A lot of products come out each week — we don't highlight all of them, but all of them make it into The Verge Database. In Spec Sheet, a weekly series, we survey the latest product entries to keep track of the state of the art.
Chromebooks are making a big statement in the laptop world: NPD Group Inc. reported that Chromebook sales accounted for 21 percent of all notebook sales last year. For devices that are functionally little different from tablets — designed for basic tasks like checking email and web browsing — they're growing fast. Even as the tablet market continues to grow, capturing 22 percent of the entire personal computing market just last year, Chromebooks are giving people an alternative to rectangular touch screens.
Form factor sets them apart: the best Chromebooks offer the practicality and productivity of a keyboard with the stripped-down capabilities of a tablet. Toshiba just announced its first Chromebook at CES in January, and this week Samsung announced its new faux-leather styled Chromebook 2. These are the first 13-inch Chromebooks on the market — a middle-ground screen size that remains popular even as screen sizes rise across the board — but that’s not the only way they set themselves apart from the growing number of laptops running Chrome OS.
They might share screen size dimensions (there’s also an 11.6-inch Chromebook 2), but you can immediately tell these two Chromebooks apart. Toshiba's looks like a MacBook Pro knock-off with its silver body and black chiclet-style keys, making it sleek enough to look attractive from a distance and decent at close inspection. It’s comfortable to travel with, weighing 3.3 pounds, and while it’s lighter than the brightly colored HP Chromebook 14, it’s more premium than portable. Also, its weight combined with the dimpled silver design makes it feel a little flimsy in your hands, even if it performs just as well as any other Chromebook.
Samsung continues its pleather kick with the Chromebook 2, which could be mistaken for a folio pad with its stitched detail. The 13-inch model comes in silver, and the smaller model comes in black and white. It's a different kind of look, seemingly fighting against the style Toshiba's Chromebook is mimicking, and the laptops look as sleek as faux-leather could be. In some ways the new Chromebooks seem to have the laptop structure of Samsung’s Ativ Book 9 Plus, featuring a slightly concave keyboard design with matte finish on the keys, with the stitched skin of its Galaxy Note devices.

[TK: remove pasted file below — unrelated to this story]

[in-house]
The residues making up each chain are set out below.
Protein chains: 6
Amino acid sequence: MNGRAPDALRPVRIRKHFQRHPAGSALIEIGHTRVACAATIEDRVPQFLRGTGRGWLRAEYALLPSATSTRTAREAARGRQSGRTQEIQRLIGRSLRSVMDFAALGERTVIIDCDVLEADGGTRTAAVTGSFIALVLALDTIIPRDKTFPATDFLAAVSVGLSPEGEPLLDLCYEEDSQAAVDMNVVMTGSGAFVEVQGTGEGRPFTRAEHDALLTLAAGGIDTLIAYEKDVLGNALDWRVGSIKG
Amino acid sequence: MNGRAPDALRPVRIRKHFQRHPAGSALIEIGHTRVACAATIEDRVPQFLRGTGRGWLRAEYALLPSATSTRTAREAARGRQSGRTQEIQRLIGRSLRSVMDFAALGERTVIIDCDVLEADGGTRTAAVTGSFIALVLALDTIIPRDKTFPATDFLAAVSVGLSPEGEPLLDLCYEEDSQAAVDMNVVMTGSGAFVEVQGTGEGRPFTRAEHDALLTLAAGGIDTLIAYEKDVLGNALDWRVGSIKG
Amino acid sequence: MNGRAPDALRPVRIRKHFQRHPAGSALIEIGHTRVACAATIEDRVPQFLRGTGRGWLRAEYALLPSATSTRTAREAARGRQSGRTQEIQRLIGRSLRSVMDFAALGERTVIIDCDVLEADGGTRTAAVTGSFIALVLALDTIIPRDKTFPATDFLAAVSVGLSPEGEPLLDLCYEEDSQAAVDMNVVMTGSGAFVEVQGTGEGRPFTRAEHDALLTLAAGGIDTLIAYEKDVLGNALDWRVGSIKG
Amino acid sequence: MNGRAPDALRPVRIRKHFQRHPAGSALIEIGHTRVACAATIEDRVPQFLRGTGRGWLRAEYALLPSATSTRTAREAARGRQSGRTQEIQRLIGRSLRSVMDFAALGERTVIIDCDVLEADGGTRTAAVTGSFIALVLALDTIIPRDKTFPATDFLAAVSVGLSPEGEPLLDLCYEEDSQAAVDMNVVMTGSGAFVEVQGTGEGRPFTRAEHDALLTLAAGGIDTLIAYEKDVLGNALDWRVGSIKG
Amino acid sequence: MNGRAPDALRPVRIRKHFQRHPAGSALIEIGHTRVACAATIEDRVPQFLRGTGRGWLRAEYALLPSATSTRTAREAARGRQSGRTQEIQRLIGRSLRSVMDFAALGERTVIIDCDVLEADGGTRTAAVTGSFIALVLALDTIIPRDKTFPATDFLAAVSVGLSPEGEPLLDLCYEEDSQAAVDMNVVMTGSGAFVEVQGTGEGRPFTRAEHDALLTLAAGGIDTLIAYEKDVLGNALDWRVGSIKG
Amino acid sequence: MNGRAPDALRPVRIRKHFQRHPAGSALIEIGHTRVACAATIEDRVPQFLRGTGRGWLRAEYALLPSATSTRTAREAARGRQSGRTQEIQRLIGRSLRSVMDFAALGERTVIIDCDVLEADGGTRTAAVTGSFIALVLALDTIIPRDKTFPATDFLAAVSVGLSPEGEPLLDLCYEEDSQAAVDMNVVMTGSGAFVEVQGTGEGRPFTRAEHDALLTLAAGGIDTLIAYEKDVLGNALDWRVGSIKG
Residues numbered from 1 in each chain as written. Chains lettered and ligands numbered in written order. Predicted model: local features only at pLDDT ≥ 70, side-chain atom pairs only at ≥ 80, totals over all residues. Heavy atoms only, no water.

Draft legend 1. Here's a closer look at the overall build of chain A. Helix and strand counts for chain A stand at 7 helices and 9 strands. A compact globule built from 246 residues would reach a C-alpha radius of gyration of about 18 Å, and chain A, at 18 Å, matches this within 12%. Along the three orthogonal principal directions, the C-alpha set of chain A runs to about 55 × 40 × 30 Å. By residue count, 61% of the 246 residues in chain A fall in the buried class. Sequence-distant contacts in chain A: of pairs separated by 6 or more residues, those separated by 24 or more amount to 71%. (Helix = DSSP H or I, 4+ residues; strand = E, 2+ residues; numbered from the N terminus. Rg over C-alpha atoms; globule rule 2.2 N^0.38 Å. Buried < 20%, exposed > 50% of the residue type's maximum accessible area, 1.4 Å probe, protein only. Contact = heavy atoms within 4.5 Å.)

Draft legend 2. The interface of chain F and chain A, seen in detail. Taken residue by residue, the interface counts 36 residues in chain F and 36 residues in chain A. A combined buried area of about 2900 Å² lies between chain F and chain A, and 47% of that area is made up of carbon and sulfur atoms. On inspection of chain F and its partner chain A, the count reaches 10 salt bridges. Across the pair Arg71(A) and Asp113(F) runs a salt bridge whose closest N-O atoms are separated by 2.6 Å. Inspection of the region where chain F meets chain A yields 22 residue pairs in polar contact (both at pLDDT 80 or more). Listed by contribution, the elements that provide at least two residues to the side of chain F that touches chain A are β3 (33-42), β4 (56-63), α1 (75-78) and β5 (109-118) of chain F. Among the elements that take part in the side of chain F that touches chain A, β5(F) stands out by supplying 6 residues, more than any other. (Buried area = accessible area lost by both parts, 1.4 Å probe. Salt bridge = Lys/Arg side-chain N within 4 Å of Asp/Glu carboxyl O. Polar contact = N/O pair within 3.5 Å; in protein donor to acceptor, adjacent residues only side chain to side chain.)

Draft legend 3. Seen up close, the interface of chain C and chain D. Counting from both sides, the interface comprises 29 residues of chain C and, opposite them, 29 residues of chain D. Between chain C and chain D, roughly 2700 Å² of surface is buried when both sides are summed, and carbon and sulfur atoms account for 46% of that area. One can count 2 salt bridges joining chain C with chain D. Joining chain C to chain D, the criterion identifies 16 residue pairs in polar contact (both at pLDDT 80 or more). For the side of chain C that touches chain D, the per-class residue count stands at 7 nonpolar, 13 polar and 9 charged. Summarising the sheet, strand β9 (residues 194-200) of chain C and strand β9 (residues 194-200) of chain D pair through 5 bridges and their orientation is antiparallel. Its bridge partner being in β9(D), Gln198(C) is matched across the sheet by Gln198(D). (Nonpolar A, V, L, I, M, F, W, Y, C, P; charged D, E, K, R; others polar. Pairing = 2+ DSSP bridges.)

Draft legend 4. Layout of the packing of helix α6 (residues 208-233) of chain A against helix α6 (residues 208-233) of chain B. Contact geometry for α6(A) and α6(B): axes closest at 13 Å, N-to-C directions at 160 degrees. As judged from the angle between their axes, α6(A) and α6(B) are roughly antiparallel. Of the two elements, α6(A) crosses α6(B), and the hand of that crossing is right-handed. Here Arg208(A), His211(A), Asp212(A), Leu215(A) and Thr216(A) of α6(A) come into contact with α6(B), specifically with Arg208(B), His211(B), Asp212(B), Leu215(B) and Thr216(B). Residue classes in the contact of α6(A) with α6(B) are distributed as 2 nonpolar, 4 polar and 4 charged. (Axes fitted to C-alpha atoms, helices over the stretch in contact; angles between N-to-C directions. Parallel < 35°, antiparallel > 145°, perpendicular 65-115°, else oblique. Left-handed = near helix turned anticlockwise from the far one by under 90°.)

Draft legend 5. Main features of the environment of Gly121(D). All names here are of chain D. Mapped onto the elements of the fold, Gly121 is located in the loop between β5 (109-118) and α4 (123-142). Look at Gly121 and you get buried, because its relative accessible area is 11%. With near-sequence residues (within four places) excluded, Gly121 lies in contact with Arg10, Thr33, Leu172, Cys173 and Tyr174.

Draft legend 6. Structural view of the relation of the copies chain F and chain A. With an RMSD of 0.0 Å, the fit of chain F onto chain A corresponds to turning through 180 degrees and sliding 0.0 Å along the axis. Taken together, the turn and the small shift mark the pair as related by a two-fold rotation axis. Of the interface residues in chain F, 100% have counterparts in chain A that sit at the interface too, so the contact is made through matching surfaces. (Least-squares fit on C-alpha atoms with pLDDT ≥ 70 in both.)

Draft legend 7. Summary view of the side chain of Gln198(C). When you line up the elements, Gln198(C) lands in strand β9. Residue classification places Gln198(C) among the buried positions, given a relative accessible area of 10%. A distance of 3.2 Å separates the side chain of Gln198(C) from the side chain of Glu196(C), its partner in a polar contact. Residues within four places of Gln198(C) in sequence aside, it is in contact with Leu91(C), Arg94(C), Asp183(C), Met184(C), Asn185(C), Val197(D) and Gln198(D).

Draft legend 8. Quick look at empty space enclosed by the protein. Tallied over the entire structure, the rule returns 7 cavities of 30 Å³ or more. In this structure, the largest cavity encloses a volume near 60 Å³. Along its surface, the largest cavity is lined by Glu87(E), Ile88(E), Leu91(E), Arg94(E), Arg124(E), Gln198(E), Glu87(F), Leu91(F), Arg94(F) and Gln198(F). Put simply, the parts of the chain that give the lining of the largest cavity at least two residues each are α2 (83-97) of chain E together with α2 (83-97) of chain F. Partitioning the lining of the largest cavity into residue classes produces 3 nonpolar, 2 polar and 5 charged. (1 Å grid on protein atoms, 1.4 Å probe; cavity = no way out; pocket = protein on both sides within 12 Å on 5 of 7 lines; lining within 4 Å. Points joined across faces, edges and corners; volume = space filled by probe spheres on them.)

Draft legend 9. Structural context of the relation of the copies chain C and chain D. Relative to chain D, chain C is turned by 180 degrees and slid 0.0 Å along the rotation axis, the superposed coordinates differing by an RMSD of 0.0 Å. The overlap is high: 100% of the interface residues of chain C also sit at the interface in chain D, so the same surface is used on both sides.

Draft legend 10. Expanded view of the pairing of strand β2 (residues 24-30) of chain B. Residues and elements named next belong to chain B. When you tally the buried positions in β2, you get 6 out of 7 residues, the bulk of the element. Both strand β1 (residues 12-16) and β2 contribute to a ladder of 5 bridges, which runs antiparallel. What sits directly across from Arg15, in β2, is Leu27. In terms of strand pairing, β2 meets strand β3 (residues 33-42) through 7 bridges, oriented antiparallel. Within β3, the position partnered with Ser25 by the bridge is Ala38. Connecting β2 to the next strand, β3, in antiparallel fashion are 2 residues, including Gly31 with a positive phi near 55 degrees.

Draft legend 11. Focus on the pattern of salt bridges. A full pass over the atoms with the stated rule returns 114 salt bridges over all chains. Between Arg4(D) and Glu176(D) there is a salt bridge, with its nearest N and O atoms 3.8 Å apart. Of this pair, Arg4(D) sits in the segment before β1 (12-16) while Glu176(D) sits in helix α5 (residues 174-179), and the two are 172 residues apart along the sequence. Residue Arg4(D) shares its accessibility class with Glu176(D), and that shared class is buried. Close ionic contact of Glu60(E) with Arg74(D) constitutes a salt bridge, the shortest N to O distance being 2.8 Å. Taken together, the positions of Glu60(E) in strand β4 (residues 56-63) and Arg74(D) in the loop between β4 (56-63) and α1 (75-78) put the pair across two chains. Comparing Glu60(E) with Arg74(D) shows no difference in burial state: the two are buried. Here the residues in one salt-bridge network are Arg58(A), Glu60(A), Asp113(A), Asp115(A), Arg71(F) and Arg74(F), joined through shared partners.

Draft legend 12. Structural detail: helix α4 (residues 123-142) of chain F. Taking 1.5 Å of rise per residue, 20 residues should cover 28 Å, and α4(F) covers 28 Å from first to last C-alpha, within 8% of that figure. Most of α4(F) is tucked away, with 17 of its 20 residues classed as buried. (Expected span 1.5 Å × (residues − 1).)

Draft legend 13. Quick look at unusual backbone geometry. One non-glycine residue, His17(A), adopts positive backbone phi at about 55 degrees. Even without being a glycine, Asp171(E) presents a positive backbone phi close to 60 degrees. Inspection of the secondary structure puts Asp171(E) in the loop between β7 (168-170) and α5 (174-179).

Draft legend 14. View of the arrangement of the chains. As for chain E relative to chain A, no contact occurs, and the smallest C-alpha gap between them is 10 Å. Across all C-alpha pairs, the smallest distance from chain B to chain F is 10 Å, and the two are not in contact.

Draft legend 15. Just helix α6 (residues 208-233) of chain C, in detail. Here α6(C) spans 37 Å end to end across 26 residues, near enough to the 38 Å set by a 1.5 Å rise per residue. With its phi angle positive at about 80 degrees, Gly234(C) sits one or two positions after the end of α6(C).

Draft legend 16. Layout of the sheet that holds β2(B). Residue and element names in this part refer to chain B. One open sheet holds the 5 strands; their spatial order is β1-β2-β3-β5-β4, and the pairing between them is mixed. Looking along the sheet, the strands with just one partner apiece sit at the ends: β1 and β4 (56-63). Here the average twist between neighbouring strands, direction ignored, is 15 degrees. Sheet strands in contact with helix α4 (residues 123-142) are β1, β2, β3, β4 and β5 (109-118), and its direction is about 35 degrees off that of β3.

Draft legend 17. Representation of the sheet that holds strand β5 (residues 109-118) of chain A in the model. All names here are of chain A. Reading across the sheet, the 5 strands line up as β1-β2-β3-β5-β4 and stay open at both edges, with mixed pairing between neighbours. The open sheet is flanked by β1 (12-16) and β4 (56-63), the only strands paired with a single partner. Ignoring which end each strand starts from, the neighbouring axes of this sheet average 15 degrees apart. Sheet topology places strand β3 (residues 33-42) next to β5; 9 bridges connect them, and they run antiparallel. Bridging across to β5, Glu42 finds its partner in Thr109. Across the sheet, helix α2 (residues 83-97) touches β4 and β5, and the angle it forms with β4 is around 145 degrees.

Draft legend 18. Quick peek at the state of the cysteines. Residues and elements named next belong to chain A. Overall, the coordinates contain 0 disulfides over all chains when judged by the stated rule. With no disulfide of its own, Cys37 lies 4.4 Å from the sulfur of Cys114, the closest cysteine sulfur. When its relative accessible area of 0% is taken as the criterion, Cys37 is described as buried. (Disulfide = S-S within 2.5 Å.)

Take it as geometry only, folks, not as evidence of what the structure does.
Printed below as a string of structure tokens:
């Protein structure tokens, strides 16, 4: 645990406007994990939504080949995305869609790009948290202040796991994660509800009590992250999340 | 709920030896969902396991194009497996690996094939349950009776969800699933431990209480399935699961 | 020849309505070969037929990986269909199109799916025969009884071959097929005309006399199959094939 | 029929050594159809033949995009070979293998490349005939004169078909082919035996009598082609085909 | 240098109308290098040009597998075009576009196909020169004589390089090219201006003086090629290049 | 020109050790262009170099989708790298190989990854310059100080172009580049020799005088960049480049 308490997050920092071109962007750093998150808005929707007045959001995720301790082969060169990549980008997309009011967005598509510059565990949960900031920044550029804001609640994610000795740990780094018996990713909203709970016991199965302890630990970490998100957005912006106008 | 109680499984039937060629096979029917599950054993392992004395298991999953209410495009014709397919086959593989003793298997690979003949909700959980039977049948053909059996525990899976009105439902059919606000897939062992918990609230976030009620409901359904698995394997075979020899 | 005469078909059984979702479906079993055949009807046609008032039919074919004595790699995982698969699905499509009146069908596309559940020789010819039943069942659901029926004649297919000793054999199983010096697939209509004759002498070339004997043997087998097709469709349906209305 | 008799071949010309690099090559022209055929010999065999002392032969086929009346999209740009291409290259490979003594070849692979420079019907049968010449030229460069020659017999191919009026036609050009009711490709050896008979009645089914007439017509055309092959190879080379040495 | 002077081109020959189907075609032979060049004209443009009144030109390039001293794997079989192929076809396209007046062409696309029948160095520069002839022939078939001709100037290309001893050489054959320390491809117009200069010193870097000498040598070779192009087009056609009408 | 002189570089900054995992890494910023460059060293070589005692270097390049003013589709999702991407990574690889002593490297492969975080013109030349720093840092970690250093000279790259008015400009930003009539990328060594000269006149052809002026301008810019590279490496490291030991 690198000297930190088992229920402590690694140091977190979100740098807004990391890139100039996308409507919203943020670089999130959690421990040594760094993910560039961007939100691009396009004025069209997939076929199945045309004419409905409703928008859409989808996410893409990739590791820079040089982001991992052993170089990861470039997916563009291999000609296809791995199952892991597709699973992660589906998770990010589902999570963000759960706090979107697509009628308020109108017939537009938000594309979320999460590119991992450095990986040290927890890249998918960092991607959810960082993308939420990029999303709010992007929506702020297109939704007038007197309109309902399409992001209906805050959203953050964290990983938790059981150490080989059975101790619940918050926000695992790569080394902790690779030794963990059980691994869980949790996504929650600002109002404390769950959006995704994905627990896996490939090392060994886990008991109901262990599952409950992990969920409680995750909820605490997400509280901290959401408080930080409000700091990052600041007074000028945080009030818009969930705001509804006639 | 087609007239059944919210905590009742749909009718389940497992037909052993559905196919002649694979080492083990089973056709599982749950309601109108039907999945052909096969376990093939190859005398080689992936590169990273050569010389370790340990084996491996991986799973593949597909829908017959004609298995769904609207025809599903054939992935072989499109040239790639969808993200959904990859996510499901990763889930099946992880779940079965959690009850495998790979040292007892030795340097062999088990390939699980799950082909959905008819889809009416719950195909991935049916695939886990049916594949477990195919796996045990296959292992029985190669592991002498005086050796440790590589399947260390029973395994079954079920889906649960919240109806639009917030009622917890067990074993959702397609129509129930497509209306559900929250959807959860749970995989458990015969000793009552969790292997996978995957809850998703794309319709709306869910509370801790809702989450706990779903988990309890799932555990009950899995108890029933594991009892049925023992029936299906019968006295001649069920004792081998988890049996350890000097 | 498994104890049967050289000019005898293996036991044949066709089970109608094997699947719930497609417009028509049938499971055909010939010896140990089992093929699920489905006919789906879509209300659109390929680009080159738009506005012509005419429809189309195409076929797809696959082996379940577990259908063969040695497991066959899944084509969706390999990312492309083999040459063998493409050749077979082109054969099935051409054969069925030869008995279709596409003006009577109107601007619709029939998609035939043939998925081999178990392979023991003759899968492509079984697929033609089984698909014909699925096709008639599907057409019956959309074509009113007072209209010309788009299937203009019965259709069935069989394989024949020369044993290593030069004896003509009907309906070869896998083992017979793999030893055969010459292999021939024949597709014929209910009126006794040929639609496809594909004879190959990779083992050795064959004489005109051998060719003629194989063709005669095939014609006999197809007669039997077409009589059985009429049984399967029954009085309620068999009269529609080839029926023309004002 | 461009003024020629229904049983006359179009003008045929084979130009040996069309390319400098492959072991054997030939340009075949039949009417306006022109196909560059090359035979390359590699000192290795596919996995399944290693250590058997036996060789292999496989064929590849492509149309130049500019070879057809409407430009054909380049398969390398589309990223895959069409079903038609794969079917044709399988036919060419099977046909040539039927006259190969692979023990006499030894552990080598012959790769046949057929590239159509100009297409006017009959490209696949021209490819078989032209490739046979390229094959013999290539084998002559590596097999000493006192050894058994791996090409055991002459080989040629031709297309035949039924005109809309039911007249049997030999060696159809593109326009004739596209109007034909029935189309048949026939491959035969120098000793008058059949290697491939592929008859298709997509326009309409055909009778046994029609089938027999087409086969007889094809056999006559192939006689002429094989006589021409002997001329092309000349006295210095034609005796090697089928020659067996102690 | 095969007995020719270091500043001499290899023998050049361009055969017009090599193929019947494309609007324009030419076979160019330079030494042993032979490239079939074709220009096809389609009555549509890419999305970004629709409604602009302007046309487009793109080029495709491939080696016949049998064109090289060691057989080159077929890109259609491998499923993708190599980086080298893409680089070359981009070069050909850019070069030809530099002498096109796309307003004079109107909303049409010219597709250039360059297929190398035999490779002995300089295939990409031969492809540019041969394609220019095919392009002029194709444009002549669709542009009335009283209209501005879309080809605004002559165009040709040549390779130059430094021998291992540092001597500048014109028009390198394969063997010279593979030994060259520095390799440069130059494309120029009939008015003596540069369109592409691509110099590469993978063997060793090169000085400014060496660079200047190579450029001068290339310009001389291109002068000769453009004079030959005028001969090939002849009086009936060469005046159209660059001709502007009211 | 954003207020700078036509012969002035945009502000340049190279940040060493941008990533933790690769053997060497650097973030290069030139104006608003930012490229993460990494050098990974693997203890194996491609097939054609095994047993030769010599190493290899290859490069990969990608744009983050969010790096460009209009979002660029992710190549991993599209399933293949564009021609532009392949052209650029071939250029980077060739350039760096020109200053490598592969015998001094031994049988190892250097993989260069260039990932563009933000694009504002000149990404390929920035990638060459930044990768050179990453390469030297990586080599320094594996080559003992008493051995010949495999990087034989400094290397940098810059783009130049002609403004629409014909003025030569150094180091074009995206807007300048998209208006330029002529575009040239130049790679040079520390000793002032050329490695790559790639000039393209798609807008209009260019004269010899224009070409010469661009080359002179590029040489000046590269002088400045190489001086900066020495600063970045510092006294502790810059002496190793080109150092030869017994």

Chromebooks typically serve the same purposes, in similar fashion, but Toshiba's and Samsung's 13-inch models have a few important differences. Toshiba's Chromebook follows the usual pattern: it has a Haswell-based Intel Celeron processor, 2GB of RAM, a 16GB hard drive, and a 1366 x 768 display. Samsung started by using its Exynos 5 Octa processor, which it claims will allow the Chromebook 2 to get 8.5 hours of battery life. If that claim is correct, it would be a huge difference from Toshiba's model which, in our test, only lasted an afternoon.
Both Samsung and Toshiba offer the same 16GB hard drive capacity, but Samsung has a slightly larger 4GB of RAM. And Toshiba's 1366 x 768 display won’t be able to compare to Samsung's 1920 x 1080 display; it's the first Chromebook ever to feature that resolution at a reasonable price, and that upgrade along with the longer battery promise could be enough to persuade Chromebook buyers to shell out the extra $100 for Samsung's model.
Internal and external hardware matter much more when tied to identical software
Since all Chromebooks run on Chrome OS, often to the same effect, screen resolution and design appeal make a huge difference. Manufacturers like Toshiba and Samsung are going to have to make harder decisions about how they want to build their models to stand out — internal and external hardware matter much more when tied to identical software. In its first attempt, Toshiba seems to want to make a Chromebook that could be mistaken at a glance for one of its higher-end laptops. Samsung, meanwhile, wants a design that won’t stick out from its other products, but is attempting to see how high-end it can actually make a Chromebook while staying within the safe and affordable price range. Ultimately, low prices provide a low ceiling, but we’ll be waiting to see which manufacturer can outfit a Chromebook with the best mix of specs and the looks for the money.
If you want to learn more about any of the products mentioned above, all of our information on them can be found through the database box located beneath the article. For more on Chromebooks, laptops, and just about every product around, you can check out the full Verge Database right here.